Consistent Network Device Naming
It was created around 2009 to replace the old standard ethX which caused problems on multihomed machines because the network interface controllers (NICs) would get named based on the order in which they were found by the kernel as it booted. Adding new interfaces could cause the previously added ones to change names.
The new naming scheme is:
- em[1-N] for on-board (embedded) NICs (# matches chassis labels)
- p<slot_number>p<port_number> for cards in PCI slots, ports starting at 1 (not zero)
- NPAR and SR-IOV devices add a suffix of _<vf>, from 0..N depending on the number of Partitions or Virtual Functions exposed on each port
- Other Linux conventions, such as .<vlan> and :<alias> suffixes remain unchanged and are still applicable
Among the first major Linux distributions to adopt the module were Fedora 15 in May 2011 and Red Hat Enterprise Linux version 6.1. It was also released in SUSE Linux Enterprise Server 11 Service Pack 2 in February 2012. The newer Dell PowerEdge and Dell Precision models support the new names.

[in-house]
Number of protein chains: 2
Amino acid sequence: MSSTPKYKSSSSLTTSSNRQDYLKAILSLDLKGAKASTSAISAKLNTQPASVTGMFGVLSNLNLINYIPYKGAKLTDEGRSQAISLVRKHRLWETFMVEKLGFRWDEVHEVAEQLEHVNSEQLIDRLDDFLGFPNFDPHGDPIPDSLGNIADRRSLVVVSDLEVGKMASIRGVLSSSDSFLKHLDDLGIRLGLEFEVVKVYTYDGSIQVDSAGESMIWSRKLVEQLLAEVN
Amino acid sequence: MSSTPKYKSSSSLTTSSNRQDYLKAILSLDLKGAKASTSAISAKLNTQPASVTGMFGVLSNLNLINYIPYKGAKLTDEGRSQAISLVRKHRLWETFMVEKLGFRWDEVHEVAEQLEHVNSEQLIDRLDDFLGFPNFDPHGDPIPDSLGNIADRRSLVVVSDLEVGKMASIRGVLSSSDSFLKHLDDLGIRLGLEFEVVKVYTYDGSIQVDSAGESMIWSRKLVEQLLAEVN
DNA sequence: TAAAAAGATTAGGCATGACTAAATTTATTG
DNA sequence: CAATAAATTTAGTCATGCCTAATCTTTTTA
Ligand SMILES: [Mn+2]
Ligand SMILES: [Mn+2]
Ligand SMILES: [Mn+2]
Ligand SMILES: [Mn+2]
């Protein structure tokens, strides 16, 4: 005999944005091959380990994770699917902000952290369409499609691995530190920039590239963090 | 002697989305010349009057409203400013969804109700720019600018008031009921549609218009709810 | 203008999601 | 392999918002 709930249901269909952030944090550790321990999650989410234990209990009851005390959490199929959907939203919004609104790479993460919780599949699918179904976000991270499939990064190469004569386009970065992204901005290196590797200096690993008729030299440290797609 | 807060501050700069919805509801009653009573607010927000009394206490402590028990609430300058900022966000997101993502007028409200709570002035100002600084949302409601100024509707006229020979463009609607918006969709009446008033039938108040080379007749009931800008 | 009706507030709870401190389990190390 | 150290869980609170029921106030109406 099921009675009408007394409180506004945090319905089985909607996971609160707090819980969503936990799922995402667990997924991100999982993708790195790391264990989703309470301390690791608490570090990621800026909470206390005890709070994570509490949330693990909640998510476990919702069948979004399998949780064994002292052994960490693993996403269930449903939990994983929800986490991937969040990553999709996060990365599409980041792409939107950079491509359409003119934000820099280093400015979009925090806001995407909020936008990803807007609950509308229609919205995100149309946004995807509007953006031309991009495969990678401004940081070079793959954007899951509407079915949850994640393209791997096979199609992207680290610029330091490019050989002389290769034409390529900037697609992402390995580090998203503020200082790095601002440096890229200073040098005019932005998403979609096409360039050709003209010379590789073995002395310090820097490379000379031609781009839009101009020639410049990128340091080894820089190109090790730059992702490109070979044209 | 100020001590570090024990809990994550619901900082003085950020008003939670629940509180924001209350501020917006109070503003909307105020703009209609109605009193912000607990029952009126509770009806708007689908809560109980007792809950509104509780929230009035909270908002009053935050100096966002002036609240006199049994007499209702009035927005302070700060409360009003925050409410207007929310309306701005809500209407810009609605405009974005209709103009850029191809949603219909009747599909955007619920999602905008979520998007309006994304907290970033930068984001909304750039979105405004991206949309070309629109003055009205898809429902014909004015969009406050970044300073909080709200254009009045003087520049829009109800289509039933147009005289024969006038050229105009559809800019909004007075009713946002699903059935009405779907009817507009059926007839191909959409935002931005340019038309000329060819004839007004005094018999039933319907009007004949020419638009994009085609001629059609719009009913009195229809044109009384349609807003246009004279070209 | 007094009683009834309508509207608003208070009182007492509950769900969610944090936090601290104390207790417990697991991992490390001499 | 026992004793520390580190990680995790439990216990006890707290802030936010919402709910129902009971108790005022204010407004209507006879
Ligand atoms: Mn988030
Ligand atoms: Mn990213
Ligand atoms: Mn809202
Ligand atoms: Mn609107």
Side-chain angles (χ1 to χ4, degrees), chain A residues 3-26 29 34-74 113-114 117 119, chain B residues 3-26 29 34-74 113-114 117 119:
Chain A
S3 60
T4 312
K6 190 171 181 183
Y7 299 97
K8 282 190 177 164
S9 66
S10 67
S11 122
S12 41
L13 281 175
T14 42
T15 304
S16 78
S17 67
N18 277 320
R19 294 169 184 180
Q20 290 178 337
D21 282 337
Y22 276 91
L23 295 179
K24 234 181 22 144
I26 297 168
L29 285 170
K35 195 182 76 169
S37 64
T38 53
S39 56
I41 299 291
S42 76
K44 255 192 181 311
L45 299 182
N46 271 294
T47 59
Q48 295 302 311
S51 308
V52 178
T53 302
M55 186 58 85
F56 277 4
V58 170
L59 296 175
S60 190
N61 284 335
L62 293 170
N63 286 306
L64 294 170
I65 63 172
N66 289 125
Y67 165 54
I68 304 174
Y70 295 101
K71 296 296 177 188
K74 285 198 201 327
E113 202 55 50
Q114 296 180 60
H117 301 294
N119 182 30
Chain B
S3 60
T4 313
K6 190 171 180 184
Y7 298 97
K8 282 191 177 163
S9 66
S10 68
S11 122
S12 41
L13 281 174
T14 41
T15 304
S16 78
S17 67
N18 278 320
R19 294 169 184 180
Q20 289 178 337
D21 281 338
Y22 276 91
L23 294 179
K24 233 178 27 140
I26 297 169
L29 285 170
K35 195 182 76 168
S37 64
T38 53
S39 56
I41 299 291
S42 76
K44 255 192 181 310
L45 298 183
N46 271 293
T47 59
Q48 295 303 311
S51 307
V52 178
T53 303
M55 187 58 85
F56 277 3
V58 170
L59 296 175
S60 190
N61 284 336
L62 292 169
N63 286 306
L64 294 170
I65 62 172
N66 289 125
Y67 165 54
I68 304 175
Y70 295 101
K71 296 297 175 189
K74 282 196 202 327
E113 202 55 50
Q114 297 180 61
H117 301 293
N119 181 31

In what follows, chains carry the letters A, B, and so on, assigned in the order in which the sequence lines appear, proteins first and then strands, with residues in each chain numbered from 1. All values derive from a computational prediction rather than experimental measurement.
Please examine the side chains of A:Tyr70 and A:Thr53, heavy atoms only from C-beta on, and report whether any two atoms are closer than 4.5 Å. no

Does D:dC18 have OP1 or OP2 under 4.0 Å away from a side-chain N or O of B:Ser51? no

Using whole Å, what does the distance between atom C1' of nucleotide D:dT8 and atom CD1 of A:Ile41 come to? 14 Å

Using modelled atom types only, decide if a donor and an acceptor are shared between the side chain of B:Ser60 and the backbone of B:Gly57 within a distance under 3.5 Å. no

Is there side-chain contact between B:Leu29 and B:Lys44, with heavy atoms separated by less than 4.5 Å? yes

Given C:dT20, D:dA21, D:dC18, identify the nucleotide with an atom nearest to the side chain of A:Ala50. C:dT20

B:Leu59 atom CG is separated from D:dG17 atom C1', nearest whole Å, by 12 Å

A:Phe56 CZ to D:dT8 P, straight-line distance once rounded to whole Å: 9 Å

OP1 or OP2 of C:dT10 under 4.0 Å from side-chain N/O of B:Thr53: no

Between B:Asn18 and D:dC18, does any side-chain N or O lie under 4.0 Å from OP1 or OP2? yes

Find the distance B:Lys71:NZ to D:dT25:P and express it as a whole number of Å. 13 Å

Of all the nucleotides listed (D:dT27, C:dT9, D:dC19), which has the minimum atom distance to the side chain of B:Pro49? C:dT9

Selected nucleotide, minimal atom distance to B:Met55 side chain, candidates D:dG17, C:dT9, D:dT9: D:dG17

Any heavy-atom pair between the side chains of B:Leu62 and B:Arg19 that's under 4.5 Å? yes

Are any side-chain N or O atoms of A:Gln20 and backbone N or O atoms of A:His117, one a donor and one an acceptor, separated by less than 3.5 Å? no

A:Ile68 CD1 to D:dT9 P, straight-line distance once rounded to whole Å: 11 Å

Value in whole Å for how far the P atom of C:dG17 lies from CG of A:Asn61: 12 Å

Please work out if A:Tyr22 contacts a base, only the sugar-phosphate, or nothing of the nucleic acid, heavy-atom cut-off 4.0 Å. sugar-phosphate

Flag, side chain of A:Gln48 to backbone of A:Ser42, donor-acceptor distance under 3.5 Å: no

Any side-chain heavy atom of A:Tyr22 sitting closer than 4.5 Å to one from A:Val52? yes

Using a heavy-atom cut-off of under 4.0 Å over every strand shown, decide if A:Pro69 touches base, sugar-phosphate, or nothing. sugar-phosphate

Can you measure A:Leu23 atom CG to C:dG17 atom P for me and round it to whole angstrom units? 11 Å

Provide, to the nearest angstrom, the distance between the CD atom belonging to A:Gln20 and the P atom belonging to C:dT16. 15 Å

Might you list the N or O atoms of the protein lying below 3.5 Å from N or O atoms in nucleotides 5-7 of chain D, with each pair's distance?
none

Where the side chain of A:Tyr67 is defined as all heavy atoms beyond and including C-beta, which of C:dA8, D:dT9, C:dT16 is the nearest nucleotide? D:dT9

- Matt Domsch (October 9, 2009). "Network Device Naming mechanism and policy". LWN. Eklektix, Inc. Retrieved May 27, 2013.
- "Fedora 15 Changing The Network Device Naming Scheme". Digitizer Linux News. January 25, 2011. Retrieved May 27, 2013.
- "Appendix A. Consistent Network Device Naming". Red Hat Enterprise Linux 6 documentation. Retrieved May 27, 2013.
- Sean Michael Kerner (May 20, 2011). "Fedora 15 boosts Linux security". eSecurity Planet. Retrieved May 27, 2013.
- Joe Brockmeier (January 24, 2011). "Breaking a few eggs: Fedora 15 changes network device naming. Fedora 15 pioneering consistent network device naming". Network World.
- Narendra K (July 2012). "Consistent Network Device Naming in Linux" (PDF). Dell Linux Engineering division. Retrieved May 27, 2013.
- "Biosdevname - Consistent Network Device Naming". Retrieved May 27, 2013.
- Matt Domsch and Jordan Hargrave. "Consistent Network Device Naming". Project web site. Fedora. Retrieved May 27, 2013.